CAR T Cell therapy has been years in development, but is now coming to myeloma prime time. Used in other hematology cancers, it is showing remarkable responses and remissions in patients who have stopped responding to traditional treatment. The exciting research shown at ASH last December showed up to a 90% response rate in leukemia patients who failed traditional treatment. In the Myeloma Crowd Radio interview, Dr. Einsele noted a leukemia patient who relapsed after a few short weeks following an allo (donor) transplant who was now in remission after 3 years.
How Does It Work?
The CAR T-Cell work uses a patient’s own immune system fighter cells (T-Cells) to seek and destroy myeloma. A blood sample is removed from the patient and the T Cells are removed from that sample. The cells are then trained or engineered to find and destroy a particular signal (CS1 and BCMA) that are found on the surface of the myeloma cells. Before they are given back to the patient, they are grown and expanded so they provide a maximum fighting chance when given back. Once inside, they seek for those targets and the T Cells killer mechanism kicks in to kill myeloma cells. They remain in the body with a memory of those targets to do their job over a long period of time – from months to several years. The cells can still be detected in patients receiving the CAR T cells up to three years ago. Dr. Hudecek explains in more detail:
The CAR receptor, that stands for Chimeric Antigen Receptor, it’s a synthetic receptor. It works like a sensor so it allows a cell that expresses the sensor to recognize a target molecule, we call it an antigen, on target cells. And if that antigen is being recognized, then the T cells get to work. T cells have several ways of how they work. They can lyse and destroy the target cells, it’s called cytotoxicity. They have other effective functions so they produce cytokines – so molecules that T cells use to communicate with each other and say, “Look, there’s something going on here and we have to work together on eradicating whatever that target is.” And the T cells proliferate and they proliferate until they reach sufficient numbers so they can very efficiently combat the tumor. And all this is triggered by the CAR receptor. Now the question is why do we need a CAR receptor to do that? The answer to that is that is a fundamental principle in immunology and this is that the immune system has learned to distinguish self from non-self. So the immune system will not attack the normal body so it is what we call tolerant to self. But as soon as it sees an intruder, a pathogen, typically a virus, it will start to get to work and eliminate it. The problem with tumors like myeloma is that the immune system is kind of torn. It doesn’t really know “Shall we attack this or shall we not” because the tumor or the malignant cells are deriving from normal cells in the body. Still we clearly think these myeloma cells, these malignant cells do not belong there and they should be attacked. So with the CAR receptor, we help the immune system out a little bit. So we introduce this receptor and say, “Look, the myeloma has to be attacked and this is what the CAR does.” Just a few words on what the CAR receptor then looks like. It’s a chimera because it binds to a surface molecule like an antibody. But then it is coupled of course to the killing machinery of the T cells so the immune response is a lot stronger. The T cells can divide and amplify in the body so it’s like a living drug that we generate and they can also form memory. Then it’s a very particular feature about these T cells. So it’s not only that we give these T cells to a patient and they get to work against the myeloma or the tumor, they can also form memory and protect the patient from a relapse. And this is why we’re so excited about this strategy because it might be possible that with a single infusion of these CAR T cells, you can not only eradicate the tumor but you can also protect the patient from a relapse. And that’s why the CAR is needed because it mediates that recognition of malignant cells and in our case, myeloma cells.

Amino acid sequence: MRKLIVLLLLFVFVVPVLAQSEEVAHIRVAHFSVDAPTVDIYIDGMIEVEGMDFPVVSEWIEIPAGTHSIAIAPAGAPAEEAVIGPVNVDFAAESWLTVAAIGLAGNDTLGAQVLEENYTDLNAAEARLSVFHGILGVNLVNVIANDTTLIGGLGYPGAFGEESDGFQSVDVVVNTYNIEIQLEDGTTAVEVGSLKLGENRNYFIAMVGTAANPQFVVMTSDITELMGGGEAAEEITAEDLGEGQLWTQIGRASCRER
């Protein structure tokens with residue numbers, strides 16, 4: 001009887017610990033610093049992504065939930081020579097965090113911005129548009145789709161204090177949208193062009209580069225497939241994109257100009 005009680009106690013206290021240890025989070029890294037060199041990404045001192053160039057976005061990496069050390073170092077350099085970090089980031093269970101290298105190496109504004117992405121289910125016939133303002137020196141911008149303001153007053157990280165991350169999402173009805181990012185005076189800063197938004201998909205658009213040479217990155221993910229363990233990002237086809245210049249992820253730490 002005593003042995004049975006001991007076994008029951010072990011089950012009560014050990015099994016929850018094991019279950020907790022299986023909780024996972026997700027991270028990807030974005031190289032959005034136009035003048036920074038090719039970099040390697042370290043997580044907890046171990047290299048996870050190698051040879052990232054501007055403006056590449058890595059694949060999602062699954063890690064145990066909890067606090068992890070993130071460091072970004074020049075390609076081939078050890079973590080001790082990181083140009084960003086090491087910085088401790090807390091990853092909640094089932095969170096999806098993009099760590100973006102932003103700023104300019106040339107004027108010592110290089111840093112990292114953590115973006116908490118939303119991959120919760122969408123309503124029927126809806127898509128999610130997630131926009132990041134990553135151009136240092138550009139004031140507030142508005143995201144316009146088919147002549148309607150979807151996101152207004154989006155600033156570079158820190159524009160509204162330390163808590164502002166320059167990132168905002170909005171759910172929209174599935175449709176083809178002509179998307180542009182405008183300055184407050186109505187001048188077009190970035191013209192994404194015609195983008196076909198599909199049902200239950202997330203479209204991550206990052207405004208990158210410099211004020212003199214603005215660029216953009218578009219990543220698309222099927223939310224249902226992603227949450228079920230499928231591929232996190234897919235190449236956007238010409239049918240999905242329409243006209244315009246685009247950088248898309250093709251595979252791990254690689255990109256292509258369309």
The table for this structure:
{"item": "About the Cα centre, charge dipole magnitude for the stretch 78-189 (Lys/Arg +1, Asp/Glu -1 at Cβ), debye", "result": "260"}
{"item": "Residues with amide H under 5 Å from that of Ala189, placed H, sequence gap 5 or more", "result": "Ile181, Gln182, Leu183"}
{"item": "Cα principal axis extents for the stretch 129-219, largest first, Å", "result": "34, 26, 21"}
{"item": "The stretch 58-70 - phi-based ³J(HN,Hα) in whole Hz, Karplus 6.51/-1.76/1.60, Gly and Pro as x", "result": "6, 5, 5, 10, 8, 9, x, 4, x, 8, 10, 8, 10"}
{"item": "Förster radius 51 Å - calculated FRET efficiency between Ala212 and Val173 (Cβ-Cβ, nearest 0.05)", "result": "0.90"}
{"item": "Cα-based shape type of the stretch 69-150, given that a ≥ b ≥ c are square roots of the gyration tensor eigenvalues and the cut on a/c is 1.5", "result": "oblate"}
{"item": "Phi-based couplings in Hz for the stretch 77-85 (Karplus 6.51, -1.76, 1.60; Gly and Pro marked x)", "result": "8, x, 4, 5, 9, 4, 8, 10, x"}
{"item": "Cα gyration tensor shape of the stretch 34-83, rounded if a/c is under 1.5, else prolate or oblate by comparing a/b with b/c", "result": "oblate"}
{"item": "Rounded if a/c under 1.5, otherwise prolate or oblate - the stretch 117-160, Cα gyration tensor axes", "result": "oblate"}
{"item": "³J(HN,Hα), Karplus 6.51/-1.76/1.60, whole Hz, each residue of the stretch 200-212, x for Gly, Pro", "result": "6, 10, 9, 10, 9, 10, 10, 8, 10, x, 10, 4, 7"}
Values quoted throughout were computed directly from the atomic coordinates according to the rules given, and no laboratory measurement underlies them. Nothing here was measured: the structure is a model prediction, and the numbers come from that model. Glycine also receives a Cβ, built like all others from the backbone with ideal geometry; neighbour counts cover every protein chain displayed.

Why CS1 and BCMA?
Dr. Einsele and Dr. Hudecek are now working on using the treatment in multiple myeloma, but instead of going after the CD19 target common in leukemia, they will be mainly targeting the CS1 protein. According to Dr. Hudecek, finding the right target is critical.
Immune-based therapiesare very potent therapies, so selecting the right target molecule is an essential part in this process. You want to choose a target molecule that is ideally only expressed on the malignant cells, on myeloma, but not on any healthy tissues because otherwise you would see a lot of side effects, which we don’t want. In every cancer and also here in myeloma, we’ve been looking for target molecules that fulfill that in the best possible way and this is how we got interested in the CS1 molecule. There is work from other groups who’ve shown that and we’ve confirmed it in our own work, the CS1 molecule is very highly and almost uniformly expressed on myeloma cells. Every myeloma cell has the CS1 molecule on it. And this is true for patients who come for the first time to the doctor who have a new diagnosis. This is also true for patients who’ve undergone some treatment and this is also true for patients who have undergone a lot of treatment, intensive therapy, and have relapsed with the disease multiple times. So the CS1 molecule is really in our view a good target because it’s very uniformly expressed, independent from the treatment history of the patient and the disease stage of the myeloma.
BCMA (B cell maturation antigen) is an additional antigen the doctors are including in the study. They believe that BCMA is also a strong antigen target, but they see that CS1 expression is typically higher and more uniform compared to BCMA, so they favor CS1 as their primary target. However, the myeloma cells are smart and can start to evade immunotherapy treatment over time.
When we treat tumors with immunotherapy – the tumor, because the tumor now gets under pressure, can try to lose the antigen so that it is not visible anymore to the immune system. That’s a phenomenon that we call “immune escape” that can occur. We don’t know if that will occur in multiple myeloma but we think it’s always a good idea to be prepared. And in order to be prepared, we are investigating multiple antigens or an antigen that we can then select in the event that CS1 expression is getting lost. And then we think BCMA would be a strong target. Also we think that from our experience in our immunotherapy work and in our preclinical models that it can be a very strong strategy to do what we call combinatorial antigen targeting. So we’re not only hitting the tumor targeting one antigen but we’re hitting it targeting two antigens at the same time. So we think that targeting both CS1 and BCMA in combination is actually a very strong strategy and doesn’t give the myeloma time to adapt and start losing one antigen because it’s under pressure from two sides.